La Rue's mention of reach and anonymity celebrates Twitter and Facebook role in Egypt as much as it validates WikiLeaks in the United States. The Electronic Freedom Foundation says that the UN's support for anonymous expression and the protection it affords should inform how governments regulate security and surveillance. Forms of online surveillance--be it Facebook's privacy policy or the United States government's expanding treason law to document leaks--"often [take] place for political, rather than security reasons in an arbitrary and covert manner," La Rue argues. In short, broad surveillance powers or the erosion of privacy online endanger anonymity's ability to protect dissenters and journalists alike when they speak out.

Stacked against the administration's assault on whistleblowers, La Rue's warnings are condemning:

The Special Rapporteur remains concerned that legitimate online expression is being criminalized in contravention of States' international human rights obligations, whether it is through the application of existing criminal laws to online expression, or through the creation of new laws specifically designed to criminalize expression on the Internet. Such laws are often justified as being necessary to protect individuals' reputation, national security or to counter terrorism. However, in practice, they are frequently used to censor content that the Government and other powerful entities do not like or agree with.

La Rue acknowledges the logistical barriers that some nations face when it comes to delivering internet service. Without the proper infrastructure, some nations simply can't engage the internet as the "revolutionary" and "interactive medium" it's proven itself to be. However, all nations should make plans to offer universal access and also maintain policy that won't limit access for political purposes. In doing so, La Rue calls on governments to decriminalize defamation, do away with real-name registration systems--including the parameters in Facebook's terms and conditions that allows governments to collect users' names and passwords--and restrict rights only in the face of an imminent threat.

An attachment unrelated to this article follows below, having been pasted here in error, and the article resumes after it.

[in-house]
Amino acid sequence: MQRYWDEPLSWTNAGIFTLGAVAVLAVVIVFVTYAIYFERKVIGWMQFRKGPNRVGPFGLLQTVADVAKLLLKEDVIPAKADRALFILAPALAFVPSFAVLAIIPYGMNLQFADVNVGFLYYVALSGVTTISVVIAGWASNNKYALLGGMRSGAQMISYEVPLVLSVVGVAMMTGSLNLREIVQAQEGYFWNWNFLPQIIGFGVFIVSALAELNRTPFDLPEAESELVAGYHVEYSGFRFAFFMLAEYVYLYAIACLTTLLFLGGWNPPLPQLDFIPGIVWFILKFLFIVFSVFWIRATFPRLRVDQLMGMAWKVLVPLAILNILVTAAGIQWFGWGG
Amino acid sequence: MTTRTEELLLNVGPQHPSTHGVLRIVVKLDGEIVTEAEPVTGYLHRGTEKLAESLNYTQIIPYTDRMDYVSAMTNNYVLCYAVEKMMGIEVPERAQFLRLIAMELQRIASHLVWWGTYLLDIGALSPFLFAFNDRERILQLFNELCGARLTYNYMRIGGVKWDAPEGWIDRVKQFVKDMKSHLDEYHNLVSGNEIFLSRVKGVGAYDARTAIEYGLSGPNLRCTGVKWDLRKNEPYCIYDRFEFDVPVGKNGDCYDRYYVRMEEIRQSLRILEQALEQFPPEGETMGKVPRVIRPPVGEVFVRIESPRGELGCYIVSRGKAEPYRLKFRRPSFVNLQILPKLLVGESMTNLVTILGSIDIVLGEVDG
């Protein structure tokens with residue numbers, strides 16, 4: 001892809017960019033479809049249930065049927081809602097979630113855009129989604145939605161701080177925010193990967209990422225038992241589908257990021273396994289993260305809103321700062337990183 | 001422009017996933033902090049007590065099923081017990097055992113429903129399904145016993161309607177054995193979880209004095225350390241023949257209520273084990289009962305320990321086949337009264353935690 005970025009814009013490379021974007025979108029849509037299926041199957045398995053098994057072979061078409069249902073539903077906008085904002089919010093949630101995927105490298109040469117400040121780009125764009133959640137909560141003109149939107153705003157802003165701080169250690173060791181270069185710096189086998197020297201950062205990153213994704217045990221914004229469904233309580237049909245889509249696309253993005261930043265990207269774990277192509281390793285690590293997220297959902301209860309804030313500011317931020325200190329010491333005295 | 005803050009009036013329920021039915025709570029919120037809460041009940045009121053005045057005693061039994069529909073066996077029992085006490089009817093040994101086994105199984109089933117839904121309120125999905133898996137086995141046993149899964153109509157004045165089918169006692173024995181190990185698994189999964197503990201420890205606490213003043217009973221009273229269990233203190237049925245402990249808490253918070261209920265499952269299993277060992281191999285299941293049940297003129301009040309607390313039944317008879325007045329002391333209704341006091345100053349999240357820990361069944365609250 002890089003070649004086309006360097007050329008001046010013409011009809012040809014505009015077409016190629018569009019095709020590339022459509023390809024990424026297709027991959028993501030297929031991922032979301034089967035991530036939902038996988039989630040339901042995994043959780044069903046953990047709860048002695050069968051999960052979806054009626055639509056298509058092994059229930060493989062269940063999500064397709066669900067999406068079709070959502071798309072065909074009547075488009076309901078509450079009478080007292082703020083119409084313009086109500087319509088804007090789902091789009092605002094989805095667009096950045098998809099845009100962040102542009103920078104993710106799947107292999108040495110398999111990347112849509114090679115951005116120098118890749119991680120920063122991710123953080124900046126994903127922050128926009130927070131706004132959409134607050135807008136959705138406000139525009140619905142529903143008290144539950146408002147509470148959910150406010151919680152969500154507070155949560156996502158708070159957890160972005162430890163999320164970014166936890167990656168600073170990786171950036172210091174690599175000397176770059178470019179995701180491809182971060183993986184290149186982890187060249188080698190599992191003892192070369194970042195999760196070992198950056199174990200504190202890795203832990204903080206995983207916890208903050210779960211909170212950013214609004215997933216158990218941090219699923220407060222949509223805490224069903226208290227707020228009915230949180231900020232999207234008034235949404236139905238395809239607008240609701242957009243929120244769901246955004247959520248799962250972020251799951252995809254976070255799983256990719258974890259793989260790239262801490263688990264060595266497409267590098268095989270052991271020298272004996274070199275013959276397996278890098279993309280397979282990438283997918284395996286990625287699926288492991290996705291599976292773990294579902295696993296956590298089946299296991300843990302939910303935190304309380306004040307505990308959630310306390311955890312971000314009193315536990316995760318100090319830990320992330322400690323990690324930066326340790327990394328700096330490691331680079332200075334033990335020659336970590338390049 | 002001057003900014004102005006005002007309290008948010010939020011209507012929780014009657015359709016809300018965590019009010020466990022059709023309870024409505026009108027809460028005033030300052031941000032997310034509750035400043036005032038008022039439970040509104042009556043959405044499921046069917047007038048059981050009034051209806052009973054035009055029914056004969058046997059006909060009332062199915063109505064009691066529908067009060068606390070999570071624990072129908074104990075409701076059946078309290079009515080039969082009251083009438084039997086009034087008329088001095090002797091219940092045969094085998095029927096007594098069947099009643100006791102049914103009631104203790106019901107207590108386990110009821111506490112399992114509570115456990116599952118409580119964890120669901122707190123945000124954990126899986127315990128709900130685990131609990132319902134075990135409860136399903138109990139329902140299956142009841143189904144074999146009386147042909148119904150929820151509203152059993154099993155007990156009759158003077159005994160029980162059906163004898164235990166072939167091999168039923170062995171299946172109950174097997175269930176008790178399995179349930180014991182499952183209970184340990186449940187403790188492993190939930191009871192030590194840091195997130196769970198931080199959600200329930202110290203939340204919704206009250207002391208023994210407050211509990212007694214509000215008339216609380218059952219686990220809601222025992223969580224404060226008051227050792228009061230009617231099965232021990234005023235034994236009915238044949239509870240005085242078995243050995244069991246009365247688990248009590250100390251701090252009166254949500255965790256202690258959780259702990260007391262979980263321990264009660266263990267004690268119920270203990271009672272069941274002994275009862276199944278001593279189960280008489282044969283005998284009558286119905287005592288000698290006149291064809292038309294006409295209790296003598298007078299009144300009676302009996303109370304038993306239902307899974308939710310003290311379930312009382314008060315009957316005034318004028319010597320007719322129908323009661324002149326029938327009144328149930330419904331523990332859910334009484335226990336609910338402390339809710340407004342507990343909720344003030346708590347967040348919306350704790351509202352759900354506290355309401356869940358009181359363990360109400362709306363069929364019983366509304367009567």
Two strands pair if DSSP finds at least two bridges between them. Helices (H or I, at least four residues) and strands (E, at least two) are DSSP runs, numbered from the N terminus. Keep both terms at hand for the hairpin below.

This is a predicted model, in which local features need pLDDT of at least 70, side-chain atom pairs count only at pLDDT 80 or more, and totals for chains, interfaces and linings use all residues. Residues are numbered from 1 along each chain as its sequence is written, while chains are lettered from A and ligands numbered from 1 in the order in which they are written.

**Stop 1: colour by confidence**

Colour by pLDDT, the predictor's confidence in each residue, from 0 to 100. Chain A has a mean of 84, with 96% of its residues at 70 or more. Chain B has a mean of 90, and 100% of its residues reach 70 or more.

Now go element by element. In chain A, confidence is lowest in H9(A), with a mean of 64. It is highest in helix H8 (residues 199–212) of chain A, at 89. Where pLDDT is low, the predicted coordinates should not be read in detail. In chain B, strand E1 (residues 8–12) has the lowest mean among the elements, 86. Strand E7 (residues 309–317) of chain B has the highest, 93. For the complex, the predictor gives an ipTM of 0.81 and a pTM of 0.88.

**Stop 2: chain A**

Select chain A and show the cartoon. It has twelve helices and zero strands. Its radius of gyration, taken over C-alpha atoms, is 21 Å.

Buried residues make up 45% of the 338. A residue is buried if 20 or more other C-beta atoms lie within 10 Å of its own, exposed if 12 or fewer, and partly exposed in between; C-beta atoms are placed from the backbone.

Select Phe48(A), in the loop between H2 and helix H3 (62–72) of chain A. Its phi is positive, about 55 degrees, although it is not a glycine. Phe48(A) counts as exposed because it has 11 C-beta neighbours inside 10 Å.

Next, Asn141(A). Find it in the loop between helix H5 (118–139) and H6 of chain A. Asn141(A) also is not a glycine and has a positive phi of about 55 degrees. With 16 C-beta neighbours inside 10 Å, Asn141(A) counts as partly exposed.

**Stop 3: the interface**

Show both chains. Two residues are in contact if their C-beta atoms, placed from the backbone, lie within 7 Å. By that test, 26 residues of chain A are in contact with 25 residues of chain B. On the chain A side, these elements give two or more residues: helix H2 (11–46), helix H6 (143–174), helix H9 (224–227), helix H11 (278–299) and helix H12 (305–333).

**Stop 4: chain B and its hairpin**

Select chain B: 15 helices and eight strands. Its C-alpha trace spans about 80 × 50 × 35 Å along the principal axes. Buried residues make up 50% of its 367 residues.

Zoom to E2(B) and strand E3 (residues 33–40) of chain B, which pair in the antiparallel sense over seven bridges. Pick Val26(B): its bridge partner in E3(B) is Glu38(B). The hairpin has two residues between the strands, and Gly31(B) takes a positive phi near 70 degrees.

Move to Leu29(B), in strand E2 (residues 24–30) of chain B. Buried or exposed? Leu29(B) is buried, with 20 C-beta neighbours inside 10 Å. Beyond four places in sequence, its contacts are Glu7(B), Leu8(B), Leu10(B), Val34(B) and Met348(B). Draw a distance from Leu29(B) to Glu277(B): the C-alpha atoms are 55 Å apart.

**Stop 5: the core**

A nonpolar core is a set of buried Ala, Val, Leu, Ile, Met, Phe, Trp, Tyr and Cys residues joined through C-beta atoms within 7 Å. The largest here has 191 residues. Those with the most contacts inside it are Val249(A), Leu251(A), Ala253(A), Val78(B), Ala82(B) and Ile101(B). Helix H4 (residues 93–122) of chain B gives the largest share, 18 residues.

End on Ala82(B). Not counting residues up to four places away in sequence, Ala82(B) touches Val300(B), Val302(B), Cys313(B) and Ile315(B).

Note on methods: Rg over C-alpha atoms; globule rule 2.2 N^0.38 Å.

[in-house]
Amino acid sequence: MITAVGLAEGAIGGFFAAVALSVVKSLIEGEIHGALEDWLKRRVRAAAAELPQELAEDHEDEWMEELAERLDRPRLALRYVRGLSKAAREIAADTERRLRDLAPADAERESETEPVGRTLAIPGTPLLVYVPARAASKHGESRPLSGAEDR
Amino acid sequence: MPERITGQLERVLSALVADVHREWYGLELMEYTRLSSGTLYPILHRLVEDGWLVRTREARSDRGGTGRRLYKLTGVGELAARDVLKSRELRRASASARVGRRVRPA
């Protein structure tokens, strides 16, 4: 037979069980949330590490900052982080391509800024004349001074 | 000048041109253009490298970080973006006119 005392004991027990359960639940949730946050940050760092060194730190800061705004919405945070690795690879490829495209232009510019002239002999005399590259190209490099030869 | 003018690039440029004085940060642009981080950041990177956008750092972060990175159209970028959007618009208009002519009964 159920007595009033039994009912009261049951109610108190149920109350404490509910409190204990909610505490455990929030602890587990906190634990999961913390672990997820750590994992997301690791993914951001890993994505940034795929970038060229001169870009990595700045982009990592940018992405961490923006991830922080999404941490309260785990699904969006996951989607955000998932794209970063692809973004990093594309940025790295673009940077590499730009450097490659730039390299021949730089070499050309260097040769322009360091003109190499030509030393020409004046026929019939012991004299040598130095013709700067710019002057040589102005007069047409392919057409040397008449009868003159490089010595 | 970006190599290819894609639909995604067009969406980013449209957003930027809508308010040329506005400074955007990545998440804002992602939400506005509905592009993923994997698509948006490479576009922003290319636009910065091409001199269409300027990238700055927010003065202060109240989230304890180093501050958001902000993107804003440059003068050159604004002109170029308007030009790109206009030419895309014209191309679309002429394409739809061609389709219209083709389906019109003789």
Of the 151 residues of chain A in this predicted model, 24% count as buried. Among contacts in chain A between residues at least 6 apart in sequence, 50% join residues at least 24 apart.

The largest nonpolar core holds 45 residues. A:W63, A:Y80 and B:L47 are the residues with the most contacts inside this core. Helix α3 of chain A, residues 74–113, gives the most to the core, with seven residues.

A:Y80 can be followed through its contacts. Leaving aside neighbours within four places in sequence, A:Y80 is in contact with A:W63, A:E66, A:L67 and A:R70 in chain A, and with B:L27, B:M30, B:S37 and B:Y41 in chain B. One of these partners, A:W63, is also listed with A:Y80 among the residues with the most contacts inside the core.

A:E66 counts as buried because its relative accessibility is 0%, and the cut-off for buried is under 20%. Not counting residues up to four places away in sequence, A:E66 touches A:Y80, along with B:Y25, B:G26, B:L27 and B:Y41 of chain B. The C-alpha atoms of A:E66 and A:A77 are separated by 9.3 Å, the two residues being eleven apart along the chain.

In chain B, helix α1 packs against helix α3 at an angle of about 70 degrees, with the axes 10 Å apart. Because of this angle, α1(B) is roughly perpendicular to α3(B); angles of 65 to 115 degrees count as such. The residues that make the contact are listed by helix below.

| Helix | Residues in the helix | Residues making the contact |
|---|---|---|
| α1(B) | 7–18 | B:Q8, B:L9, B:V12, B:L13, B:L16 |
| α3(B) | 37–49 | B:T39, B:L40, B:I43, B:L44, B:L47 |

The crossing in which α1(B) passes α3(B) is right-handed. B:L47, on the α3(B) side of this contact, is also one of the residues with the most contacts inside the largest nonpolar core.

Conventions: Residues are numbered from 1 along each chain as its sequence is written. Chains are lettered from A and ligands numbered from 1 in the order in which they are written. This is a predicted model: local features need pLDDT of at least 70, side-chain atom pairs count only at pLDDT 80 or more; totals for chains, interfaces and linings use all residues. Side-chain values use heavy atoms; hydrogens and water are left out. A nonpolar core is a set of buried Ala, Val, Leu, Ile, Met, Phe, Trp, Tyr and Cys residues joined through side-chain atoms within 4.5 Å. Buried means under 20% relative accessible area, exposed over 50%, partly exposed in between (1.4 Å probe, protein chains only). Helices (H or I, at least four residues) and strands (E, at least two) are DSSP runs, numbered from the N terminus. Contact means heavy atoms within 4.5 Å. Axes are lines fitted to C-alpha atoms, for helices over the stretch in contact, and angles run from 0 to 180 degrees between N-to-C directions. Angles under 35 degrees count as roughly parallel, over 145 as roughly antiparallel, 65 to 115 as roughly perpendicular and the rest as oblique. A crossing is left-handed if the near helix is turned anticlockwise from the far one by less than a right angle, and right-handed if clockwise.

The United Nations' strong position on anonymity online reads like a hat tip to WikiLeaks and its campaign for transparency, but it also sounds scolding towards governments like the United States' that have waged wars against transparency. Likening the Obama administration's increasing number of convictions using old treason laws against information leakers is censorship in no uncertain terms, the UN seems to say. And the government's bad track record of protecting this type of free expression is ideologically just as bad as shutting the internet down altogether.

United Nations report: Internet access is a human right, Nathan Olivarez-Giles, Los Angeles Times

U.N. Special Rapporteur Calls Upon States to Protect Anonymous Speakers Online, Katitza Rodriguez, Electronic Freedom Foundation

It is good to see that Judges are learning....

In the news by Karen Franklin PhD

Monday, June 6, 2011

Pornography sentence unconstitutionally cruel, judge rules

"C.R." grew up in a chaotic, highly conflictual home. He was immature, socially klutzy, anxious and depressed. Friends introduced him to online pornography, readily accessible for free via peer-to-peer file sharing. He took to smoking marijuana and escaping into sexual fantasy. Between the ages of 15 and 19, he downloaded pornography, much of it involving boys ages 10-12, and shared files with other users.

When he was 19 years old, the FBI ensnared him in a sting and the world came crashing down. Under federal law, “C.R.” faced a statutory minimum of five years in prison.

Until Judge Jack B. Weinstein intervened, ruling that the 5-year minimum is unconstitutional in C.R.’s case, due to the youth’s age and immaturity.

Full Article

Thursday, June 2, 2011

At Large with Tom Williams > Zero Tolerance – and missing the circle

Shore News Today
A six year-old-boy from Wisconsin was accused of first-degree sexual assault for “playing doctor” with a five-year-old girl. Prosecutors presented the allegations to a judge, even though the boy is too young to face criminal charges, to “make sure he ...